5 Traits That Distinguish True Innovators It's one thing to be the first to market with an idea, but it's another to bring something totally new to the table.
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I'll admit it: I am not an innovator. Not an easy thing to confess these days, when innovators are the ones getting all the attention. Oh, I've had some great ideas and seen them through to fruition, and I've realized substantial success over my entrepreneurial career, so there's plenty to be proud of. But, if I'm honest, innovation has never been my focus. The word "innovation" is thrown around a lot, and a lot of entrepreneurs are called innovators or think of themselves as innovators. But, what does that really mean? Is anyone who comes up with a new idea an innovator? To some extent, every true entrepreneur has at least a touch of the "innovation gene" in them, but not everyone is what can be called a true innovator.
As an example, Motorola was the first mobile phone manufacturer to offer a color screen with the T720, way back in 2002. Did that make them innovators? Maybe, in the most basic sense of the word, but let's face it -- the color cell phone screen was coming with or without Motorola.
On the other hand, look at Apple and the first iPhone. When that device was launched five years after Motorola's color phone, it had every competing company scrambling to come up with something comparable. And now we can't imagine a phone that isn't in many ways similar to the line of iPhones since. That's when you know you've introduced a true innovation.
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What is true innovation?
So, what's the difference? Both the T720 and the iPhone offered something no one else had before, and you could even say that both marked the start of a new era in cell phones. But, unless you used to own a T720 or worked for a company that carried them, you probably don't even remember ever hearing of them. Everyone knows what an iPhone is though, even if they've never owned one. That's because they didn't just introduce a tweek of an existing product or a cool feature; they revolutionized mobile interface technology and changed the lexicon of a generation in the process. That's true innovation.
Of course, it's not just that everyone has heard of the iPhone -- a great marketing campaign might have accomplished that. It's that the introduction of the iPhone caused consumers and technology manufacturers to think of cell phones in a new way.
The same can be said of companies like Uber. If Travis Kalanick had invented a new type of meter for taxi cabs, that might have been cool for that industry. Instead, he came up with an industry disruptor, and paying for a ride somewhere will never be the same. True innovation doesn't just cause a buzz -- it initiates change.
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How to be an innovator
If you want to be a true innovator, there are a few traits that will define you as such. Here's what real innovators do.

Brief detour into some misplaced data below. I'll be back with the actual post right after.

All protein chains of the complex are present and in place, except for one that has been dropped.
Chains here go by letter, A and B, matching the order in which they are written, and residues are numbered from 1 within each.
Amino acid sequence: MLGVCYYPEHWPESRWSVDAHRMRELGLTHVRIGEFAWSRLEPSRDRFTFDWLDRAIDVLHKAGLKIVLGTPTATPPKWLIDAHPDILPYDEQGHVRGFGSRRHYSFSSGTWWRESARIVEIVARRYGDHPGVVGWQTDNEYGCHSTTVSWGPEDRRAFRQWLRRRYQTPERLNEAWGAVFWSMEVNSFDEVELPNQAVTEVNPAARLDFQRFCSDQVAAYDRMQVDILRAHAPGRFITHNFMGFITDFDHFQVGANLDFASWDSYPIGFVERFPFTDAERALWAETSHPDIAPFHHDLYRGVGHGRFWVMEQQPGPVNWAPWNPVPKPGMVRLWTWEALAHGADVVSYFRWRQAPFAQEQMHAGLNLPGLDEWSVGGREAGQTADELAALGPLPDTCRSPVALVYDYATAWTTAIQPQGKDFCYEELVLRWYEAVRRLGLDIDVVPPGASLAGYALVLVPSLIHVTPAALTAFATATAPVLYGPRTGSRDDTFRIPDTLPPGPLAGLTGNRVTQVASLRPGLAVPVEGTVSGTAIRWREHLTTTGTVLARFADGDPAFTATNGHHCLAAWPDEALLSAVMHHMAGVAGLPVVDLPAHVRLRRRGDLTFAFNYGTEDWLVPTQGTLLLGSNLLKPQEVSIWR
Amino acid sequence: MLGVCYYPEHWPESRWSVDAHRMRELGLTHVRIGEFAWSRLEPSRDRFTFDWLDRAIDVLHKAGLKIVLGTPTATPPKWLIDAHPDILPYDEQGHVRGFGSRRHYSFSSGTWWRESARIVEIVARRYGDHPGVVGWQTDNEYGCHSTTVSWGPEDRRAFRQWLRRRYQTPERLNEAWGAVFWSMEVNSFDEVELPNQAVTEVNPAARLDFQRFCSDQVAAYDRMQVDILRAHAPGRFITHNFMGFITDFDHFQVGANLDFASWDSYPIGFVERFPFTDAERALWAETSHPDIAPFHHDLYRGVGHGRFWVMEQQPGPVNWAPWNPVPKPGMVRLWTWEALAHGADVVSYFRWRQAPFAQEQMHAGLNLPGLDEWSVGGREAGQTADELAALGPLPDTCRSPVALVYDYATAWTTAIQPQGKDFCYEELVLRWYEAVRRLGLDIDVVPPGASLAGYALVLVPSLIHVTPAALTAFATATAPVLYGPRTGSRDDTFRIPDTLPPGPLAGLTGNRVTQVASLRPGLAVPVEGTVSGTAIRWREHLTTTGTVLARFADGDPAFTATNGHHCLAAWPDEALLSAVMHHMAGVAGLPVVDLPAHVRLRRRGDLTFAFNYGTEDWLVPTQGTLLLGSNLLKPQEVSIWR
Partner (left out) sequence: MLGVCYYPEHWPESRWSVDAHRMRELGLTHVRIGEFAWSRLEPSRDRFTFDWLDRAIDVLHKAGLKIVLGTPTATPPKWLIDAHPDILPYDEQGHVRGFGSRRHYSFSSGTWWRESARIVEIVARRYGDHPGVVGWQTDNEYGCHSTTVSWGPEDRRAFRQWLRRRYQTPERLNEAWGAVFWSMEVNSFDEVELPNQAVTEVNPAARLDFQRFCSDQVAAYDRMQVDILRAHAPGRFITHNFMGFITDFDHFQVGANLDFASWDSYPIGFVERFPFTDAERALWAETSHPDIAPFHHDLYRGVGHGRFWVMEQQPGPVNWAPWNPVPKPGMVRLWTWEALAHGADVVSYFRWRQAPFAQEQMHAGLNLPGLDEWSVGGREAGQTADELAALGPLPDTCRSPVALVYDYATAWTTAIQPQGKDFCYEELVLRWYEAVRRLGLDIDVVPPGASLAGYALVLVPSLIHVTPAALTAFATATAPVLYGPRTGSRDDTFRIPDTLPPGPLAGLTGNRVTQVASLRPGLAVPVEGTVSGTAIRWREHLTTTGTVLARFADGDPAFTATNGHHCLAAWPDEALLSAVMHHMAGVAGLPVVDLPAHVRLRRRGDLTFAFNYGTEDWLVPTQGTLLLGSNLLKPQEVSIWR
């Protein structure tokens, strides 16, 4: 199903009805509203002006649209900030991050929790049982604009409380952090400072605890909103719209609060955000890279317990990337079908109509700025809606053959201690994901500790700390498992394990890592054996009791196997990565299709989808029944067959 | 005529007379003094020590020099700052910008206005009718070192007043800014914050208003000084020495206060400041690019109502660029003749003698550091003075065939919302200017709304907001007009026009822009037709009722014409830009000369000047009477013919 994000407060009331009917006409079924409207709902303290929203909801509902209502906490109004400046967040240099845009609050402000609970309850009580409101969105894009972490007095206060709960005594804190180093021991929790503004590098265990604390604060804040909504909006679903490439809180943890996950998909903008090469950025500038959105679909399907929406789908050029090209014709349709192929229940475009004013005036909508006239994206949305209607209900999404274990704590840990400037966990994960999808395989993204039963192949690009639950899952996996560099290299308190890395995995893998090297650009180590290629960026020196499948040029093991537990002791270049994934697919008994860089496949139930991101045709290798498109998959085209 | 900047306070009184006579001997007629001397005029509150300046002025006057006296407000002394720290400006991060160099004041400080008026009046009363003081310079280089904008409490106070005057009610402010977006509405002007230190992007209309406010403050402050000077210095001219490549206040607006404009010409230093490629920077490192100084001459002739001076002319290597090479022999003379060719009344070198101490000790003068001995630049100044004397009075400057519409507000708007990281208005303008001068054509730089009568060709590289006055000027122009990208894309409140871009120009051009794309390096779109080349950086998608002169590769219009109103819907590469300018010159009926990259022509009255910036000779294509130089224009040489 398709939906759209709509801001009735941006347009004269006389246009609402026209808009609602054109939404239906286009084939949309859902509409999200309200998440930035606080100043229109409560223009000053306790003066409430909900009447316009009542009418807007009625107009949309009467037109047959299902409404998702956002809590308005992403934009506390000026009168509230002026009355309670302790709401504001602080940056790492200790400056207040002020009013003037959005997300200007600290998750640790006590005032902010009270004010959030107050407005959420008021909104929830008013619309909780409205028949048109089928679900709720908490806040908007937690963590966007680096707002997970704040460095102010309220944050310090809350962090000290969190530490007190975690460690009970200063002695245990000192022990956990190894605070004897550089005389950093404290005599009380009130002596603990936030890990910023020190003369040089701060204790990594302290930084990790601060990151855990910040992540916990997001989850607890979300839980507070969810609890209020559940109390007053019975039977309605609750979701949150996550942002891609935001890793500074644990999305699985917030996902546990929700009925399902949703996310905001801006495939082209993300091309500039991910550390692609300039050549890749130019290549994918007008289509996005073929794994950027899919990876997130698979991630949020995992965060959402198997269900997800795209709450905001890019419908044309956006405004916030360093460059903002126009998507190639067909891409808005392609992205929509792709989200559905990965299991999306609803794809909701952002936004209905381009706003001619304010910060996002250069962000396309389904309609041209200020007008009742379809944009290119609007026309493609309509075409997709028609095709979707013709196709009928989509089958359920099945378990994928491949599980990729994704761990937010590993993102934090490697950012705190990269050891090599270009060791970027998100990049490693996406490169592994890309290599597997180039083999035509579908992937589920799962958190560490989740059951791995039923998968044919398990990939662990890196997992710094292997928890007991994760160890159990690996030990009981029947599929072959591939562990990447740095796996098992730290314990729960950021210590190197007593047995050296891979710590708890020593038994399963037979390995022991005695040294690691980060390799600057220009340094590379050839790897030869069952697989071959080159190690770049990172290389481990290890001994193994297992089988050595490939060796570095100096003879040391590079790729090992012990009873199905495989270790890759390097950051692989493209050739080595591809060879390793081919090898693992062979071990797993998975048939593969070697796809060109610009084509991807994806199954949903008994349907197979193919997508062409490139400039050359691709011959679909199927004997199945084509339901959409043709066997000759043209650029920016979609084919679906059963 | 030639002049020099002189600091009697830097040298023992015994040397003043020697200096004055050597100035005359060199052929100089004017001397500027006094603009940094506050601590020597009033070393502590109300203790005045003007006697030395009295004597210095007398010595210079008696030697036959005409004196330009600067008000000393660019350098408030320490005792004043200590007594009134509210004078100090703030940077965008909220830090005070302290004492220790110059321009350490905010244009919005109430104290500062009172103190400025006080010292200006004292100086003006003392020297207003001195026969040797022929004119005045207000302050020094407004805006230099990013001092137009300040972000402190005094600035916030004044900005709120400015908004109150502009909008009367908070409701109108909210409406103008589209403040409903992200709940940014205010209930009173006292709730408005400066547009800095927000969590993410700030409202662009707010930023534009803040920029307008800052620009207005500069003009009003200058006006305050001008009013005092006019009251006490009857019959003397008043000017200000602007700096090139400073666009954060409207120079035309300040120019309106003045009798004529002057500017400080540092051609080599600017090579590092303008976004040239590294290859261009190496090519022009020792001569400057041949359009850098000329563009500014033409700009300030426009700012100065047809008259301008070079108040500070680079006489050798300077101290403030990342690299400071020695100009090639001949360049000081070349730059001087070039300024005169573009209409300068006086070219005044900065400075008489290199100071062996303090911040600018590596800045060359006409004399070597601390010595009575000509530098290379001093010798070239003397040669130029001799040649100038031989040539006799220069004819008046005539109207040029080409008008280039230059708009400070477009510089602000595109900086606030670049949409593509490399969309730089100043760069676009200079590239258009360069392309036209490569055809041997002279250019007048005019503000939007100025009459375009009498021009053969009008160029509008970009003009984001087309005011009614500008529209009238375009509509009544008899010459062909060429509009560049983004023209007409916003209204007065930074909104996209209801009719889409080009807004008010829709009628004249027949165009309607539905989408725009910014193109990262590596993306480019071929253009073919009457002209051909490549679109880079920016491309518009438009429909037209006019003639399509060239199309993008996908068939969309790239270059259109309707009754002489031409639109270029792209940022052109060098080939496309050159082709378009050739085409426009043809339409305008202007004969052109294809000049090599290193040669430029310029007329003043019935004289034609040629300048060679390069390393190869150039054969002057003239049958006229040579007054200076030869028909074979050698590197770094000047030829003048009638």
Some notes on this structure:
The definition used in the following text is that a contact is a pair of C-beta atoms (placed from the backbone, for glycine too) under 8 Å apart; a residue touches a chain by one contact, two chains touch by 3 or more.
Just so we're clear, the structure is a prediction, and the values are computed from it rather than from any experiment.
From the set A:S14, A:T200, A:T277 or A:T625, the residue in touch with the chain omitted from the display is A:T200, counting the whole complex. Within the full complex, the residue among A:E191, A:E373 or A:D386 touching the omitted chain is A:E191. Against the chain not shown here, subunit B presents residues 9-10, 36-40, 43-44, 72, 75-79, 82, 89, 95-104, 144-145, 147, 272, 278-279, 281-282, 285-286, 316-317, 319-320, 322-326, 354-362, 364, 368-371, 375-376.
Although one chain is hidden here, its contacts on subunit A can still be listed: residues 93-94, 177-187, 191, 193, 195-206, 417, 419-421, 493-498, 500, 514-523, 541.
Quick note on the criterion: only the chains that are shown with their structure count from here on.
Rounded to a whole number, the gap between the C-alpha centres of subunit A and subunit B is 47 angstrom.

1. They recognize market needs.
Innovators are people who can identify a need within an industry, market segment or culture and spot opportunity in it. More importantly, top innovators identify needs before people even know they need them. No one wanted a service like Uber or a device like the iPhone before they came along. The need and the solution hit the market at the same time.
2. They develop and refine a solution.
Once an innovator recognizes a need and makes up their mind to fill it, they tend to work tirelessly on finding the most imaginative, practical solution possible. Then, they work to refine their solution to not only meet the need but anticipate future needs and advancements in order to give their solution longevity. You can be sure the iPhone that people bought in June of 2007 was not based on the first schematic proposed . . . and you can be just as sure that the features of the next three versions had already been worked out at that point.
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3. They take chances.
True innovators are great at identifying needs and developing solutions, but they know there's no guarantee their solution is going to be a winner. All entrepreneurs are willing to take risks, and innovators are willing to go even further and risk going where no one has gone before.
4. They push the envelope.
The very nature of innovation is that it is beyond the norm. True innovators understand that they need to think beyond what anyone has tried so far. They take things to the next level -- and then some. This is part of taking risks, but it's also about imagination and a willingness to try something completely new.
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5. They create meaning.
When we talk about true innovators, we're not talking about people who create a product for the sake of creating a product. These are people who are out to make an impact. They might not be trying to fix the world's ills, but they are at least trying to shake things up and get people thinking differently. True innovation often spawns entire industries -- and there's meaning in that.
So, what do you think? Are you a true innovator? What makes someone an innovator in your mind? Share your thoughts with the community in the comments below.